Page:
A second problem with Jauregui's argument is that it contradicts his sworn testimony at his plea hearing that he was responsible for both the drugs delivered to the informant and the drugs found in his vehicle. See Plea Tr. at 10-12. Representations made by a defendant at a plea hearing "carry a strong presumption of verity and pose a formidable barrier in any subsequent collateral proceedings.'" Voytik v. United States, 778 F.2d 1306, 1308 (8th Cir. 1985) (quoting Blackledge v. Allison, 431 U.S. 63, 74 (1977)). Jauregui offers no reason why the Court should disbelieve the testimony that Jauregui himself gave under oath. Cf. Anjulo-Lopez v. United States, 541 F.3d 814, 818 n.3 (8th Cir. 2008) ("[A] single self-serving, self-contradicting statement is insufficient to render the motion, files, and records of a case inconclusive, so as to warrant an evidentiary hearing.").

Third, Jauregui contends that the Court misapplied the Sentencing Guidelines. This argument, like the previous argument, centers on the claim that Jauregui was not responsible for the methamphetamine found in his car at the time of his arrest. Jauregui claims that had the Court found that he was responsible only for the drugs delivered to the informant, his offense level under the Sentencing Guidelines - and therefore his recommended term of imprisonment - would have been lower than the Court calculated.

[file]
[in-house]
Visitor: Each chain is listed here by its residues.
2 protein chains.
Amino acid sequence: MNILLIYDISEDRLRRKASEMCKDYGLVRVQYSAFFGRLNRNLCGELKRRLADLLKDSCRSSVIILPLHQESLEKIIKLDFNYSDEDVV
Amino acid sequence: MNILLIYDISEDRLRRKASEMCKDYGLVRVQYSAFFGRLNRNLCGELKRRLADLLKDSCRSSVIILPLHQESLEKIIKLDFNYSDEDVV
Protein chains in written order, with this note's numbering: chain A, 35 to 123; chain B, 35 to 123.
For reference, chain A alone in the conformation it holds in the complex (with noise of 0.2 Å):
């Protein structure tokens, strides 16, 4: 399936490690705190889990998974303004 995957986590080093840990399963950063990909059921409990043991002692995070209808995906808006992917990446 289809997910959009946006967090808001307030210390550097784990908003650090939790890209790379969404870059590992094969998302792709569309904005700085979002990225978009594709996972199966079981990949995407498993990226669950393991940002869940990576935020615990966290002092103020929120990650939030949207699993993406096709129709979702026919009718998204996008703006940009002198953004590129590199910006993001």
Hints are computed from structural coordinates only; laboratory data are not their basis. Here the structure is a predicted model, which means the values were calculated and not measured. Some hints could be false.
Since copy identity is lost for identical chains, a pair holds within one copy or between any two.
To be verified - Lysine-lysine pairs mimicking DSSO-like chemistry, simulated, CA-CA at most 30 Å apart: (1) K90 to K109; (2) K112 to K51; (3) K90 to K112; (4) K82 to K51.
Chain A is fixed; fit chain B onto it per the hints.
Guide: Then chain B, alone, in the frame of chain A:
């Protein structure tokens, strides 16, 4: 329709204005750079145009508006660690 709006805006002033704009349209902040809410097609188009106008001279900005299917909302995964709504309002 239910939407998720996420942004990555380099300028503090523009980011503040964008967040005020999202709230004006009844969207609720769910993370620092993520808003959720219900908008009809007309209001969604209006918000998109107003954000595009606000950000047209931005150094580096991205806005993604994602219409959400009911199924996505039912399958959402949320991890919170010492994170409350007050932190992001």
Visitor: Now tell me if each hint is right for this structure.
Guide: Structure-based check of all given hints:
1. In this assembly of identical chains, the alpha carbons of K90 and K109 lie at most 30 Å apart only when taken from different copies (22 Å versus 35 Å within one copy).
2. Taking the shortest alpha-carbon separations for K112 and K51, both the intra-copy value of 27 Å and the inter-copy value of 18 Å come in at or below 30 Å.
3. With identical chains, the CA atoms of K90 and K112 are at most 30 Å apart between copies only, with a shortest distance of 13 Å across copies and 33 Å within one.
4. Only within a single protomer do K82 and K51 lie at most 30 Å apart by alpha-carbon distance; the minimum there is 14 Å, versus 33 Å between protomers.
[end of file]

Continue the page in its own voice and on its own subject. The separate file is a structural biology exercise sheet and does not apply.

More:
As explained above, however, Jauregui admitted at his plea hearing that he was responsible for the methamphetamine found in his car during his arrest, and the Court calculated Jauregui's offense level and sentencing range accordingly. Again, Jauregui "has a heavy burden to overcome" statements made at a plea hearing, Nguyen v. United States, 114 F.3d 699, 703 (8th Cir. 1997), and again, he has not explained why the Court should ignore his own sworn testimony.

Jauregui's argument fails for a more fundamental reason, however: Even if the Court erred in calculating Jauregui's recommended sentencing range under the Guidelines (and it did not), the Court sentenced Jauregui to 120 months' imprisonment - the mandatory-minimum sentence for his offense pursuant to § 841(b)(1)(A). In other words, Jauregui could not have been prejudiced by any error in calculating his sentencing range, as the Court did not have authority to impose a sentence shorter than the 120-month sentence that it imposed.

Fourth, Jauregui contends that he was entitled to a downward variance in his sentence "as he is a deportable alien and would not receive any early relief benefit" that might be available to a similarly situated defendant who was not facing deportation. ECF No. 208 at 5. But Jauregui did receive a downward variance; his sentence of 120 months' imprisonment was 15 months below the bottom of the range recommended by the Sentencing Guidelines. See Sent'g Tr. at 27, 29 [ECF No. 195]. Moreover, as just explained, the Court sentenced Jauregui to the shortest term of imprisonment permitted by law. See United States v. Watts, 553 F.3d 603, 604 (8th Cir. 2009) (per curiam) ("District courts lack the authority to reduce sentences below congressionally-mandated statutory minimums."). Thus the Court did not have the legal authority to grant a further downward variance - because of Jauregui's status as an alien or because of any other reason.

Finally, Jauregui contends that the Court misled him when it told him the following at the plea hearing: "If you decided not to testify [at trial], your silence could not be used against you. And, in fact, if you wanted me to, I would tell the jurors that in deciding whether you had been proven guilty[, ] they could not hold against you the ...